Iranian History and Culture

One thing that the Iranian festival perfectly illustrated was the enormous amount of contributions that Iranians have made to human civilization. The festival included four history presentations that explored Iranian contributions to art, literature, governance, and science. Dr. Afshin Sepehri who works in computer science and is an Iranian history and culture buff, has spent years teaching the public about Iran’s hidden history. “For centuries, Iran has faced attacks from all sides,” Dr. Sepehri said. “And in all of that, we have forgotten a lot of our history. But now much of it is being rediscovered.” Dr. Sepehri hopes to share with the wider community how Iranians have contributed many innovations to humanity, such as algebra and an extremely accurate solar calendar.

Iranian People

While the history presentations, cultural explorations, music, and dance of the Seattle Iranian Festival was powerful and moving—and the food was delicious—it was the people who breathed life into the space. Famous and influential people such as Mariam Khosravani, the Founder & President of the Iranian American Women Foundation, Cyrus Habib, the first Iranian-American elected to state office in the United States, and Zohreh Ghahremani, the award-winning author of two fiction books. Omid Vahabnejad was also there, being the founder of a Persian cultural group known as the Bellevue College Persian Association, and I met Maryam Hosseini, who was born and raised in Iran until the age of 16. Maryam has been involved in the Iranian American Community Alliance (IACA) and the Seattle Iranian Festival for three years. For her, the IACA is like family, and a true home away from home, and she serves as one of the emcees for the festival. Maryam originally got involved with the festival because she thinks it’s an important way to connect Iranians to their cultural heritage, and to help the wider community learn more about Iranian people. “A huge part of being an American is being able to celebrate who you are and what you are,” she says. “I get to show people where I come from but to also show how I’ve evolved as an American.”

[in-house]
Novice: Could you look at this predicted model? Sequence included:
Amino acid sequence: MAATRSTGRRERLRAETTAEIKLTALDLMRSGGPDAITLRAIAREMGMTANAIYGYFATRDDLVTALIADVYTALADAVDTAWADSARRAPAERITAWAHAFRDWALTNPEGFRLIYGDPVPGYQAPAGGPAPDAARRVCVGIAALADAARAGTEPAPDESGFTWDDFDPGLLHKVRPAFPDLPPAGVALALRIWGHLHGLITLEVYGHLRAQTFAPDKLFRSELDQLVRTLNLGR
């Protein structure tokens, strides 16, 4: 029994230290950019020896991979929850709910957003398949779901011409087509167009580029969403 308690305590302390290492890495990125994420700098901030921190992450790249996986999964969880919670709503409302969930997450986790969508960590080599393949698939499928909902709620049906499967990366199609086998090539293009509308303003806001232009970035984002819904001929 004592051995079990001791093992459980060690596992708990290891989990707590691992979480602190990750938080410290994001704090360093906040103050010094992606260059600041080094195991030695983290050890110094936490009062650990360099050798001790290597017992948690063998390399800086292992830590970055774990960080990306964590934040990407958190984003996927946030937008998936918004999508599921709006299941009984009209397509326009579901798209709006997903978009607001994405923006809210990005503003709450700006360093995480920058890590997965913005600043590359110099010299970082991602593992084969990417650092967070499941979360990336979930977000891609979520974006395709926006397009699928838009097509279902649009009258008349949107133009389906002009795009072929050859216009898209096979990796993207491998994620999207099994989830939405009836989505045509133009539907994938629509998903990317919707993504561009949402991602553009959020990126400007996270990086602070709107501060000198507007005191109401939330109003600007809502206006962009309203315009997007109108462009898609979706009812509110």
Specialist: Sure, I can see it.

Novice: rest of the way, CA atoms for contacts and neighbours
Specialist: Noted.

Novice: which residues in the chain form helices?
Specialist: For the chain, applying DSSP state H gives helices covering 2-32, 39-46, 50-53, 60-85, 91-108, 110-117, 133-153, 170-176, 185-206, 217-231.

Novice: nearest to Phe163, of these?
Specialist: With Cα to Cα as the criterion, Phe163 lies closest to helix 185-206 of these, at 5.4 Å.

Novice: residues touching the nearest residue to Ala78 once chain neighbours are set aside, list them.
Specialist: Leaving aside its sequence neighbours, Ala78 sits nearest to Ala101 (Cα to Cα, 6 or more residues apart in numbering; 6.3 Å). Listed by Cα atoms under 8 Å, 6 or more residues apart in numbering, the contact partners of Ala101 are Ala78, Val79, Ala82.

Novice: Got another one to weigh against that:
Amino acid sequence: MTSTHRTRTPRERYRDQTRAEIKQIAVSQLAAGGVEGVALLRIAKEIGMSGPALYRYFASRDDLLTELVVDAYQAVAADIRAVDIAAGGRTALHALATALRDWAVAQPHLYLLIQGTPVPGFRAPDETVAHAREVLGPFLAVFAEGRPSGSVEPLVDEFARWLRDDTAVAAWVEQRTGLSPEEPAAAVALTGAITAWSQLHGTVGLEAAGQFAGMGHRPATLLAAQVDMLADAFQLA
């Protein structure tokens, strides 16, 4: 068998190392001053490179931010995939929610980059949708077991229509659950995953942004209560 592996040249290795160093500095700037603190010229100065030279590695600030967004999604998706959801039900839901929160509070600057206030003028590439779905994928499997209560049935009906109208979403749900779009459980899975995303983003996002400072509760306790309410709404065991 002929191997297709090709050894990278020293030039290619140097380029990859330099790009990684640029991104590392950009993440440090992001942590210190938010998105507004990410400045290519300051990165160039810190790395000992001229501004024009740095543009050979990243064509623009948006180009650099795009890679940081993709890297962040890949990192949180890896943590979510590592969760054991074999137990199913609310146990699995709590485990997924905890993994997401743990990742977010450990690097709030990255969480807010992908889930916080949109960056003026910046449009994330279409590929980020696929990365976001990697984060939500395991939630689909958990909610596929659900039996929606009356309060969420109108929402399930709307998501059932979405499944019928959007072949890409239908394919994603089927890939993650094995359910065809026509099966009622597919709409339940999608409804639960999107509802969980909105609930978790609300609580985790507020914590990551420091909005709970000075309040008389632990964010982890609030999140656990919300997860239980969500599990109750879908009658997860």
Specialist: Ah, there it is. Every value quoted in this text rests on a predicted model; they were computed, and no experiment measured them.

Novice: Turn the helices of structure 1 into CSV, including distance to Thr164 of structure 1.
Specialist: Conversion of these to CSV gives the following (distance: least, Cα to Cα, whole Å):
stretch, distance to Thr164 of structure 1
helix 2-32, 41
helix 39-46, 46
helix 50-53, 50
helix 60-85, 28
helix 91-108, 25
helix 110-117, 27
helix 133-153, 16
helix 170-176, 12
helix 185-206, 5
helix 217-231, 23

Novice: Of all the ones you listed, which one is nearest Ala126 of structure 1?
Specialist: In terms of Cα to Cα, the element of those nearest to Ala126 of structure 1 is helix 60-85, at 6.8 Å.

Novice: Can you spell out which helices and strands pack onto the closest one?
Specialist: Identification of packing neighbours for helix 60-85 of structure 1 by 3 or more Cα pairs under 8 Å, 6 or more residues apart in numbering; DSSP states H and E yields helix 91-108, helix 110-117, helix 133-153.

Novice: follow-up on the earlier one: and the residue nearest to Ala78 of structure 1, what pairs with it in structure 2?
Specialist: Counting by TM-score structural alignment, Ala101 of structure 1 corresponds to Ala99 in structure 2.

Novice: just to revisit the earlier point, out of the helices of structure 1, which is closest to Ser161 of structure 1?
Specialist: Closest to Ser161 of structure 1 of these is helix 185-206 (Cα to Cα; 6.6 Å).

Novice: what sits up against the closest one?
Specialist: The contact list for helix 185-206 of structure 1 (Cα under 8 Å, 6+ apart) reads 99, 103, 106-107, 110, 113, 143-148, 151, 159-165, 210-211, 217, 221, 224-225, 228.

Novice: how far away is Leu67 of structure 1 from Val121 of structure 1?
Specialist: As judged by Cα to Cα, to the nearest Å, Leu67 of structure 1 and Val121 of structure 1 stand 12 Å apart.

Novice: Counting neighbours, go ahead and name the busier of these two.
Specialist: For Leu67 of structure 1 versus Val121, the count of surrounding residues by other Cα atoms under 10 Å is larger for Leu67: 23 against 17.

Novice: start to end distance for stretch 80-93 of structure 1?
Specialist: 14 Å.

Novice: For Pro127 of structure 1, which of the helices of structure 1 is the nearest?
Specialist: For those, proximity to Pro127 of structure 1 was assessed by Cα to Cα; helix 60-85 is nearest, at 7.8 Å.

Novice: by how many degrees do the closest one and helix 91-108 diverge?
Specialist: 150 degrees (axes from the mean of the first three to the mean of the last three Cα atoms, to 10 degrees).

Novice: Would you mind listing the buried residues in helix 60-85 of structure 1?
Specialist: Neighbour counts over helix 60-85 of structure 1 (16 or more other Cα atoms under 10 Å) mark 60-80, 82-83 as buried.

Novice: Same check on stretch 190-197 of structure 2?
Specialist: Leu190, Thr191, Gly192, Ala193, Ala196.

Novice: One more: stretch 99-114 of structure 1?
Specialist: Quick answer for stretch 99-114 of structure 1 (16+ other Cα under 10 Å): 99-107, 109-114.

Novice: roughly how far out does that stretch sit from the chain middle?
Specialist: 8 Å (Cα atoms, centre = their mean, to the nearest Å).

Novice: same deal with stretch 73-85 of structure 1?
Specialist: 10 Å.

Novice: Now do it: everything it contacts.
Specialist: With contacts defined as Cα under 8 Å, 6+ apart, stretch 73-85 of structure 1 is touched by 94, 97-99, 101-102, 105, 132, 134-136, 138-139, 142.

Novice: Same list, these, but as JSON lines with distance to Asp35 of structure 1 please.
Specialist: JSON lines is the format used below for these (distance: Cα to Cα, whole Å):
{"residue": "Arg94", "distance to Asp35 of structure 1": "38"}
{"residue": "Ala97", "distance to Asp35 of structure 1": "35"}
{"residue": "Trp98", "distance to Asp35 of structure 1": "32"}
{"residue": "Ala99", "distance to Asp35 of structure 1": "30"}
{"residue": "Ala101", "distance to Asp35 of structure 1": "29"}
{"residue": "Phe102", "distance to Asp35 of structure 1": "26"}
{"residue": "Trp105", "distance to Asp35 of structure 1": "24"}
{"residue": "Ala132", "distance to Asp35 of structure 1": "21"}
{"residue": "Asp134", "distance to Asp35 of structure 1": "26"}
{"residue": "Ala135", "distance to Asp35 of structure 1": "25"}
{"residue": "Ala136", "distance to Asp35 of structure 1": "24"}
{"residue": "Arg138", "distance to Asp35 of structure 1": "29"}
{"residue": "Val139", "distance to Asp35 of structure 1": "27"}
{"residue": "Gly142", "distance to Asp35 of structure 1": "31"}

Founded in 2005 by Ali Ghambari, the IACA has been organizing the Seattle Iranian Festival for eleven years. For people like Yasaman Ghavami, who has served as a booth organizer for 5 years, the festival represents the Iranian community’s past and its future. When speaking of the people who are visiting the festival for the first time or the eleventh, she says, “When they walk through the door, I want them to feel they can leave all the negative things at the door.” And leaving all the negative things at the door shouldn’t be difficult when greeted by the warmth of the festival’s community.

Photos by Al Garman